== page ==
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Peter Walker plays the Windup Space Feb. 8

February 7, 2014

unnamedAbout a minute and a half into the song “Me and My Lady,” the solitary acoustic guitar powering it starts producing notes that sound like they’re tripping over each other in a torrid rush. This pulse-fluttering sound is a striking counterpoint to the lyrics of this sprightly folk song, which opens with the cloyingly chaste, “I’m playing in the morning, laughing at the sun/ falling in love and telling everyone/ me and my lady, my lady and I.” The vocalist, who has a New Englander’s easygoing flat vowels, sings-speaks with a counseled calm, as if reciting a script. It’s not so much passionless as direct, even when the lyrics’ personal slant veers into the perplexing: “and has anybody seen the hangman?” the singer asks, not waiting for a reply before he continues, “tell him not to—tell him he don’t have to die.” The verse continues in this aphoristic call-and-response fashion:

and has anybody seen the hermit?
he’s living in his room and he’s got
he’s got it all together and he’s returned to his room
and has anybody seen my lady?
sometimes she comes so close and then she runs so far away
and sometimes I can even touch her but her mind
stays so far away and so close and so near
she’s here now
and has anybody seen our freedoms?
we wonder where they went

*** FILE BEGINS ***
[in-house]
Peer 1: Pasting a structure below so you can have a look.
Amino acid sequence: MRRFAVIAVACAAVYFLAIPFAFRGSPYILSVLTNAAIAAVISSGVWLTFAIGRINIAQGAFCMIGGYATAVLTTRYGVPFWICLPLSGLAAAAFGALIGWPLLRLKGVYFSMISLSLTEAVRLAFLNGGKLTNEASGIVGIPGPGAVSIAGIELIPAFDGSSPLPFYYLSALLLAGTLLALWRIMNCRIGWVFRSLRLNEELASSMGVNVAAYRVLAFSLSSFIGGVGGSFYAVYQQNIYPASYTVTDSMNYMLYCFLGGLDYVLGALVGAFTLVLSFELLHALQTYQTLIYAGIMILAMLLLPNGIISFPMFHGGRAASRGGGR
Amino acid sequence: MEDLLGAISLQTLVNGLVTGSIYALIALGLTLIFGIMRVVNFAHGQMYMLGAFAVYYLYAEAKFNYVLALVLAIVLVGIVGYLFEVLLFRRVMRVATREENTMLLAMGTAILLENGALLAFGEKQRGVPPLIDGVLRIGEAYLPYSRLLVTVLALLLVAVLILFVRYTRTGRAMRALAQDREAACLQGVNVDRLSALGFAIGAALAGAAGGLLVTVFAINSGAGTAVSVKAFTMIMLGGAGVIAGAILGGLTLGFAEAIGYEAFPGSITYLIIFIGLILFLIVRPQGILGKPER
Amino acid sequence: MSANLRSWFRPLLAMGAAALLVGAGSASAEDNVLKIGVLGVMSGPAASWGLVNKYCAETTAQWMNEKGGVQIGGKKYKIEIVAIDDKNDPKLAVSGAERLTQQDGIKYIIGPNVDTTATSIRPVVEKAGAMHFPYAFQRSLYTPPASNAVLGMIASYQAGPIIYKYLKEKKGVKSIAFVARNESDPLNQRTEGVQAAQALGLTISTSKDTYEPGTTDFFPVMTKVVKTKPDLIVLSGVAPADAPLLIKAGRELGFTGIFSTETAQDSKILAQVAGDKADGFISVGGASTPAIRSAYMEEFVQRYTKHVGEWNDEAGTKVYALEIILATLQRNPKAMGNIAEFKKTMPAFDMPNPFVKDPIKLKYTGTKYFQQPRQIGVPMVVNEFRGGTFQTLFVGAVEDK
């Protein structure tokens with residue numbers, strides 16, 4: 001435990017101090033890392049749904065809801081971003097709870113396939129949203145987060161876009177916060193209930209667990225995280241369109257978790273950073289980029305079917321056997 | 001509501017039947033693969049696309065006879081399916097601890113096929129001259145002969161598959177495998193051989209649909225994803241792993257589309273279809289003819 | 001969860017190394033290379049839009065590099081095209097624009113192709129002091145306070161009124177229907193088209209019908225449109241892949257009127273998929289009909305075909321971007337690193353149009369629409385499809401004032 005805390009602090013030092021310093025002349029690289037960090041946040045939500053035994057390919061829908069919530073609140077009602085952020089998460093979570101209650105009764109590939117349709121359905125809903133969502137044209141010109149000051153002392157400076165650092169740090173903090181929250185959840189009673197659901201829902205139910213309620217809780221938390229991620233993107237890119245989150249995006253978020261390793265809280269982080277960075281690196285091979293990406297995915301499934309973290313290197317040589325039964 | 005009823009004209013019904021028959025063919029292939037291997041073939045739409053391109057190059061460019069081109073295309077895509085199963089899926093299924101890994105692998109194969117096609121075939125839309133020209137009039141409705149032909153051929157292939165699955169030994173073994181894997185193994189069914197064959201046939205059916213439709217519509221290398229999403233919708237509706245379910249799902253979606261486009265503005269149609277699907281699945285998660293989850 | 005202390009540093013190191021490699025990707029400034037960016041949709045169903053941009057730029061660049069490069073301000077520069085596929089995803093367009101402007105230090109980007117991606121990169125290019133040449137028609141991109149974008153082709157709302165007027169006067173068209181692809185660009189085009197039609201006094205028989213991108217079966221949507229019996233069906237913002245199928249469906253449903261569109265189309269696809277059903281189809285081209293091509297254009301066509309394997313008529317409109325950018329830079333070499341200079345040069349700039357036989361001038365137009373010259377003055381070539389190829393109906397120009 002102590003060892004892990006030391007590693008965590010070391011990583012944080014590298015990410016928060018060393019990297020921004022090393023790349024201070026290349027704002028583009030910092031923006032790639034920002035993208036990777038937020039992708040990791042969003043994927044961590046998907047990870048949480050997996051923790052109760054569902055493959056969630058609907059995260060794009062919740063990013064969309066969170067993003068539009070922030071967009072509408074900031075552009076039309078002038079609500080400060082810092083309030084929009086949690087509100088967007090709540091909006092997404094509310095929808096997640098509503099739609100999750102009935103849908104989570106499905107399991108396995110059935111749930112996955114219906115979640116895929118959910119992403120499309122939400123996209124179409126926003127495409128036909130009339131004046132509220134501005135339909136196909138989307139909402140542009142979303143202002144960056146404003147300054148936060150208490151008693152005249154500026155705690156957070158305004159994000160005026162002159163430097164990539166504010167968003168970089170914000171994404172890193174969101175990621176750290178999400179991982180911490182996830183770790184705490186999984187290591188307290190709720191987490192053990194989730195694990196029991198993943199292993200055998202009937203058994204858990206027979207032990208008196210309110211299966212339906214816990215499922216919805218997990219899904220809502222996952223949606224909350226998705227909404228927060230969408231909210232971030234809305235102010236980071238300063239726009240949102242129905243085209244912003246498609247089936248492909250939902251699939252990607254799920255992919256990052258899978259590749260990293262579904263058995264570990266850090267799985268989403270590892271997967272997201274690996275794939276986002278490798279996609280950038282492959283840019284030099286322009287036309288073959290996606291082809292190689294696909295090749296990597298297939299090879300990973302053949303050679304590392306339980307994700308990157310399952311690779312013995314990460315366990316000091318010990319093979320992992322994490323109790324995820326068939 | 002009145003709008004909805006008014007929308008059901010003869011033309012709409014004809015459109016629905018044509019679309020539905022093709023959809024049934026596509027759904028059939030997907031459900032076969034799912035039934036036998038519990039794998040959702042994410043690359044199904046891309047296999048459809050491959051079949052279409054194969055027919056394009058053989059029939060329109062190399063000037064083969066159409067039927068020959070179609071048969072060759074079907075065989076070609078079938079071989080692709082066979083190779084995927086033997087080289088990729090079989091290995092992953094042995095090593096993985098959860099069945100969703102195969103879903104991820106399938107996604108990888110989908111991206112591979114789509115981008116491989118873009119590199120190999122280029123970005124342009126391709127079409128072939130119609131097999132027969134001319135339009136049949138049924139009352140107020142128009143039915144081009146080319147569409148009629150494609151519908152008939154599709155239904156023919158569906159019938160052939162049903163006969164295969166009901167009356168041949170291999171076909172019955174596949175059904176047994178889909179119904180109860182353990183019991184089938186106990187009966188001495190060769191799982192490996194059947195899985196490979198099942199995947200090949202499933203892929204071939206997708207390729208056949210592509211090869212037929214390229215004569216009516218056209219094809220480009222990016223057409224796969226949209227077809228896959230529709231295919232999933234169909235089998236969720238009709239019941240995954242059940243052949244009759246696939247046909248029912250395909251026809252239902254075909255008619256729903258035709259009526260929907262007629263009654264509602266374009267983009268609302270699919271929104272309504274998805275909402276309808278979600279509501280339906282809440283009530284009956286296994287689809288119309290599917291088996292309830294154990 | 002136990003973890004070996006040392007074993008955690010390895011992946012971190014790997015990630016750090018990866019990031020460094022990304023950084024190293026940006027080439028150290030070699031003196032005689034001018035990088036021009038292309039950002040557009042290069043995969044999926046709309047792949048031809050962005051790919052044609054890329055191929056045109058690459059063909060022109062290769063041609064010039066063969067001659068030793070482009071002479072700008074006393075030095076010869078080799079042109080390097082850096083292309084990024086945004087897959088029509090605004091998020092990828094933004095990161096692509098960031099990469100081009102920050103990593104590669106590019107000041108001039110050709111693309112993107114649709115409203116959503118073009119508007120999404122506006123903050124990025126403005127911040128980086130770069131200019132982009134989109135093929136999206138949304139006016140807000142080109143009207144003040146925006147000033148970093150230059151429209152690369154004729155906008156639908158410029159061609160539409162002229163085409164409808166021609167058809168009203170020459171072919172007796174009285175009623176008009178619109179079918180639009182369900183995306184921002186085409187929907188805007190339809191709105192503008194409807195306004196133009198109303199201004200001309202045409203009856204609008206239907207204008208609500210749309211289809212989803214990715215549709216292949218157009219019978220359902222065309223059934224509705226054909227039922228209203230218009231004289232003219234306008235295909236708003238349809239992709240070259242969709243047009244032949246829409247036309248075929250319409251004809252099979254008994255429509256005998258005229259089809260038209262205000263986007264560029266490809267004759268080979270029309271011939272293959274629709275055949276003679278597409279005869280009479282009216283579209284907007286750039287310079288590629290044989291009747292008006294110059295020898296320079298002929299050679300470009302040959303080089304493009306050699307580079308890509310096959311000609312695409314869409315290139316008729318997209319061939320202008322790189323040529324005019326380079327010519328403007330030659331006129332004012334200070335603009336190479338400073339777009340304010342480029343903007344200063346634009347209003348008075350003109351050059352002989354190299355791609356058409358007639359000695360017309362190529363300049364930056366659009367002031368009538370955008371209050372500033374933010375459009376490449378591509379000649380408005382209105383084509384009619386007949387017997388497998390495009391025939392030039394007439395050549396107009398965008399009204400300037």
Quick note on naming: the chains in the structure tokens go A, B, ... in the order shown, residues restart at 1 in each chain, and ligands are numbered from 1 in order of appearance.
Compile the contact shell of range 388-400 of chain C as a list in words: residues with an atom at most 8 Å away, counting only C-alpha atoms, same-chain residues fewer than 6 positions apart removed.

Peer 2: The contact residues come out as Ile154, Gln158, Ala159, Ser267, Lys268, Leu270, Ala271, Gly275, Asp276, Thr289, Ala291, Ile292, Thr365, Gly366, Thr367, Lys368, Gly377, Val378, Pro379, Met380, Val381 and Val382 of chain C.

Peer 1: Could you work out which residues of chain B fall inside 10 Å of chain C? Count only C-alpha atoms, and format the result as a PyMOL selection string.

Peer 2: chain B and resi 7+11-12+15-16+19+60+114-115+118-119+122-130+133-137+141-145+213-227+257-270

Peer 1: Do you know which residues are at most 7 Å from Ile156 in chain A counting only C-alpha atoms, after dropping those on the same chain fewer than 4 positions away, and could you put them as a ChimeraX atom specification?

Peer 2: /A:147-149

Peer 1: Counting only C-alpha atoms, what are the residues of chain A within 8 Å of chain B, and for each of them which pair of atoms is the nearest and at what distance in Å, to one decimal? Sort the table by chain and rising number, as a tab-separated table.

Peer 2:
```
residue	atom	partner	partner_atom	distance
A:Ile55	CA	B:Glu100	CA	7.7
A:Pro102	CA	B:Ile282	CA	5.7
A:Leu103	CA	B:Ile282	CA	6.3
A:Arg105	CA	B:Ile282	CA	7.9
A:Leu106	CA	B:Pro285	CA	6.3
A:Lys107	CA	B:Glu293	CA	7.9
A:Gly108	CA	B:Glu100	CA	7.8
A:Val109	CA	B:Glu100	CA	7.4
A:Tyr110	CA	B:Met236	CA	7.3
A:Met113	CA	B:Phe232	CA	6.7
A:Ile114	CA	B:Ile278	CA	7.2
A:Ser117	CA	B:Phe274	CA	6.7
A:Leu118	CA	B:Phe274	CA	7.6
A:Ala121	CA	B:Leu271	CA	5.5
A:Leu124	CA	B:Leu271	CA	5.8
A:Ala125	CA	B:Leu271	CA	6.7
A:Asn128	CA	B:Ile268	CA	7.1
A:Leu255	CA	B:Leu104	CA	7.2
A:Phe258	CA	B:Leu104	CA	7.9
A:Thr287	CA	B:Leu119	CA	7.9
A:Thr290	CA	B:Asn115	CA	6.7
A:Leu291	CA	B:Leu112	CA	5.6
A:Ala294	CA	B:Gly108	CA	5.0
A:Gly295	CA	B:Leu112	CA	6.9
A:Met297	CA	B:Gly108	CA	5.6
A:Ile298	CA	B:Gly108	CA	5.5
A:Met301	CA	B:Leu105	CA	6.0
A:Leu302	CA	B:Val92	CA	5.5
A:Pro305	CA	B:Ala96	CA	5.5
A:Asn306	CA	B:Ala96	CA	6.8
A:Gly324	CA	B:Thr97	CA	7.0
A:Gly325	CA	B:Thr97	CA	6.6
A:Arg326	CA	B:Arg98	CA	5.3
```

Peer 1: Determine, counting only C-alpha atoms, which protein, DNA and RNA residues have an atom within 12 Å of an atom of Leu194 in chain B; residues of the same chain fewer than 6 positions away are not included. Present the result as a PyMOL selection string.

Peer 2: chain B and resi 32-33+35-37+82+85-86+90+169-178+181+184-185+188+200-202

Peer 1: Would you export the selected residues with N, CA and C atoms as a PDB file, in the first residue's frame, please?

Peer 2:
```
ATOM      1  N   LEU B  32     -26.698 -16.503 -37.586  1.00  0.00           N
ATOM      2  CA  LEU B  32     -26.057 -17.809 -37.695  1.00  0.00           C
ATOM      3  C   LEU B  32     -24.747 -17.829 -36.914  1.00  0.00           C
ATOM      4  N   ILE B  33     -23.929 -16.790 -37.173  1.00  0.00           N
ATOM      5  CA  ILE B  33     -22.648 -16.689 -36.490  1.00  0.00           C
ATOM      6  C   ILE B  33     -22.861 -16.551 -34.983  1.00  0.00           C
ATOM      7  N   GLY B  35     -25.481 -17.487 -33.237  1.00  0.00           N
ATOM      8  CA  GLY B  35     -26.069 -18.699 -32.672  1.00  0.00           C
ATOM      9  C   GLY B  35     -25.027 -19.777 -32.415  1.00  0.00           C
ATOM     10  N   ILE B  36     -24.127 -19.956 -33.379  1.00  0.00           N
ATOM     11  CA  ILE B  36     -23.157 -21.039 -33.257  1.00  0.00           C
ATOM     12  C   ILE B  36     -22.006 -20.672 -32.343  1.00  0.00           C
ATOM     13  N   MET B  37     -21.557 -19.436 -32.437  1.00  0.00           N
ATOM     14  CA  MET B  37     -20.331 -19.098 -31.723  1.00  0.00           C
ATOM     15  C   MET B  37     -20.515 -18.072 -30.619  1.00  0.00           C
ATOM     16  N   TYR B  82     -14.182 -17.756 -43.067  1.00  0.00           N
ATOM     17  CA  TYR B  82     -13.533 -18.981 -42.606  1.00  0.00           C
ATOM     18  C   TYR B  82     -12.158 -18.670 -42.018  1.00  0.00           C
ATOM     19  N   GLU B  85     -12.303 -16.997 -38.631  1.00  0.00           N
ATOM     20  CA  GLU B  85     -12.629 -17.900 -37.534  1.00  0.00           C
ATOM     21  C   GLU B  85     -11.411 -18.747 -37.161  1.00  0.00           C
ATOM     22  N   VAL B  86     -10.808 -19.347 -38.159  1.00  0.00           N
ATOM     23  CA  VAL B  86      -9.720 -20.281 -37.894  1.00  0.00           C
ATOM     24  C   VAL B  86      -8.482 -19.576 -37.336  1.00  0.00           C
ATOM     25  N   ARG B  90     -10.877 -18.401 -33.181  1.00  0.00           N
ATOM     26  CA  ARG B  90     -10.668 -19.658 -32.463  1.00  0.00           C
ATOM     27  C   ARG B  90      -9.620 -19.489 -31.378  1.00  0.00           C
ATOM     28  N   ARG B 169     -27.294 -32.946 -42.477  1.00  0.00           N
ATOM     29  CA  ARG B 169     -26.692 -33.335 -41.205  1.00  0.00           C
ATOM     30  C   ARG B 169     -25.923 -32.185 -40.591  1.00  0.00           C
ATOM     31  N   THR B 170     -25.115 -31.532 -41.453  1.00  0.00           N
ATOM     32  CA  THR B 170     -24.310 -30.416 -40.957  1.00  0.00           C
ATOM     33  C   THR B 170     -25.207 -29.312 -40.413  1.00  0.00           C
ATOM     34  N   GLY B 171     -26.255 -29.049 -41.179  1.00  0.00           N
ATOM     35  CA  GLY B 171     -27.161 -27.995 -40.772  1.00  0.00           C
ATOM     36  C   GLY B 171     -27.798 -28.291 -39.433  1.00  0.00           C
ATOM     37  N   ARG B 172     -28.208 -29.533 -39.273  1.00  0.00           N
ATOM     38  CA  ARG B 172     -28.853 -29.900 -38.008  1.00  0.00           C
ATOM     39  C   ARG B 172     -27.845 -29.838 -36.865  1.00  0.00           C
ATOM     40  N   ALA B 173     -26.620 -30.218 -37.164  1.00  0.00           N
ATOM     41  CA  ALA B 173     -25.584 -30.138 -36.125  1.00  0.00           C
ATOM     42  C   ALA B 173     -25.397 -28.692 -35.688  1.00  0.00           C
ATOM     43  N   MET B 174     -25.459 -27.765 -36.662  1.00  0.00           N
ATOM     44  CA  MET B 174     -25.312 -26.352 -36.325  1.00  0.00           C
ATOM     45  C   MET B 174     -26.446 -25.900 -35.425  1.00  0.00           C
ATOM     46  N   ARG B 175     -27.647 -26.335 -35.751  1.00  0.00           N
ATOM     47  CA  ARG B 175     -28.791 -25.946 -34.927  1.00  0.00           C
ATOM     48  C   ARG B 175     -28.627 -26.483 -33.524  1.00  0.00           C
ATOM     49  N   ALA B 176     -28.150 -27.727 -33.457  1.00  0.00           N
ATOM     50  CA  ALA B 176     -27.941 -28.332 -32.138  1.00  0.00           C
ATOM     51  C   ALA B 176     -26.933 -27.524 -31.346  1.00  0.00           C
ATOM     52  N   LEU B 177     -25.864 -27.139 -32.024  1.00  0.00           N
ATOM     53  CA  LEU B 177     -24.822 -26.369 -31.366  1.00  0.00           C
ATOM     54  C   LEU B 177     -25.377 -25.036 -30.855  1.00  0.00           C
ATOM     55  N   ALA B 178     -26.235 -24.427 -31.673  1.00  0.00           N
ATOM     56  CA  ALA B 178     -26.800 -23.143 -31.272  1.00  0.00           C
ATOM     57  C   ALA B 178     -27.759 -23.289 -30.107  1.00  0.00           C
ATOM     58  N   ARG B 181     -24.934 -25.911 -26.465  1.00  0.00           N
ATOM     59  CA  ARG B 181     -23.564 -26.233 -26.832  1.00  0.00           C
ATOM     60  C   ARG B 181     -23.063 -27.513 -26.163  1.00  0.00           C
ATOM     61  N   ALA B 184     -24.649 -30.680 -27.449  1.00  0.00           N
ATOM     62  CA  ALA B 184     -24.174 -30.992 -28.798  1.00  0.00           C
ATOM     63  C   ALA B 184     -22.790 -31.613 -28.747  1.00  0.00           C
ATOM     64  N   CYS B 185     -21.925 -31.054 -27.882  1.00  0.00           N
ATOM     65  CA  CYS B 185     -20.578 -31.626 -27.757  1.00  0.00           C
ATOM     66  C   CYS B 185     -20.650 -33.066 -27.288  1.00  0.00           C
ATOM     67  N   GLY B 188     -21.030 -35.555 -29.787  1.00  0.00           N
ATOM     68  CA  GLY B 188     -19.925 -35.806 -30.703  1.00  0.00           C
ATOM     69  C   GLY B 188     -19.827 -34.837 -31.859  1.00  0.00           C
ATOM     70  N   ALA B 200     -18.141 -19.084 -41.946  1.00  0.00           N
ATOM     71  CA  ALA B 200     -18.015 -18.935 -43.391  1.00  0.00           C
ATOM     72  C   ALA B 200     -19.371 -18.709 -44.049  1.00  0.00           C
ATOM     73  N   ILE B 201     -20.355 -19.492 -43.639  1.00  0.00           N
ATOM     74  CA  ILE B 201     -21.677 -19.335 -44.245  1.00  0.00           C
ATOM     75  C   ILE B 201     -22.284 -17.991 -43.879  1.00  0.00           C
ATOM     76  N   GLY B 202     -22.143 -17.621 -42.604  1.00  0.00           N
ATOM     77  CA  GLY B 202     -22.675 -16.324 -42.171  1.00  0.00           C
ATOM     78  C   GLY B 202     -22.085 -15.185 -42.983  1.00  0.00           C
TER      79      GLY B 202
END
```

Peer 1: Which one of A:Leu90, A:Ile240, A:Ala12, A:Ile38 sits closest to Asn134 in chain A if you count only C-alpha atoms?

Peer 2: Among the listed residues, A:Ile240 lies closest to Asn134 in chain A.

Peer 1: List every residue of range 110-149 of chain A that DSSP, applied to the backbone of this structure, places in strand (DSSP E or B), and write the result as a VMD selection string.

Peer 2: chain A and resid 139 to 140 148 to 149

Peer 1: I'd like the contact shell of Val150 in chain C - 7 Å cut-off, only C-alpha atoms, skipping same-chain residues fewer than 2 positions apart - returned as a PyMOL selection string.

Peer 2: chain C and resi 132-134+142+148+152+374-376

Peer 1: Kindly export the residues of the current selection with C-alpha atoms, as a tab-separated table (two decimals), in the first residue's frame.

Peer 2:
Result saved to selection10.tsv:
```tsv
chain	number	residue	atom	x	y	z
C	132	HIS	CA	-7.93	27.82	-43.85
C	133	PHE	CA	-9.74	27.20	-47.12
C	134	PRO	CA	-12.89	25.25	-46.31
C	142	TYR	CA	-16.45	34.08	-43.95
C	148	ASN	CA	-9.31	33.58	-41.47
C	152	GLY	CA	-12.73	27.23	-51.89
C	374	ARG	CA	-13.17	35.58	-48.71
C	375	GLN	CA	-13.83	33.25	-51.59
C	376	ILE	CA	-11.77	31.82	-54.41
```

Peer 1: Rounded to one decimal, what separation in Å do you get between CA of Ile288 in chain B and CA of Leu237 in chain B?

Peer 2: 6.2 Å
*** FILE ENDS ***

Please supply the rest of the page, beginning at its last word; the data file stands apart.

Throughout this topsy-turvy verbal journey the guitar sounds like it’s having a gorgeous panic attack, as if the questioning anxiety underpinning the lyrics is being translated into musical morass. Listening becomes this bewilderingly thrilling experience, as if listening to the voice-over narration to arresting footage of the natural world in a documentary. And there’re six more transfixing tracks following “Me and My Lady” on Peter Walker’s Has Anybody Seen Our Freedoms?, which Delmore Recordings released in November.

Originally recorded in 1970 but never released, Freedoms captures an innovative 1960s artist displaying that the era’s so-called “folk scene” wasn’t exclusively rooted in a rediscovery of early American hillbilly music and the blues. Walker, who left music in the early 1970s and only started recording and touring again a few years back, plays the Windup Space Feb. 8 at 6:30 p.m. as part of the Creative Differences series.

Inside Llewyn Davis might’ve mainstreamed the notion of the 1960s folk revival artist that time left behind, but the seeds of new generations seeking out contemporary folk music reissues and rediscovering artists from the era were sown in the mid-1990s with the re-emergence of the finger-picker John Fahey and the Revenant Records label he started. In addition to (re)issuing gems of early Americana such as Harry Smith’s Anthology of American Folk Music Volume Four and Charley Patton’s Screamin’ and Hollerin’ the Blues, Revenant also put out albums by contemporary artists who explored and experimented with “folk” traditions, such as Jim O’Rourke’s Happy Days and Sir Richard Bishop’s still-thrilling Salvador Kali.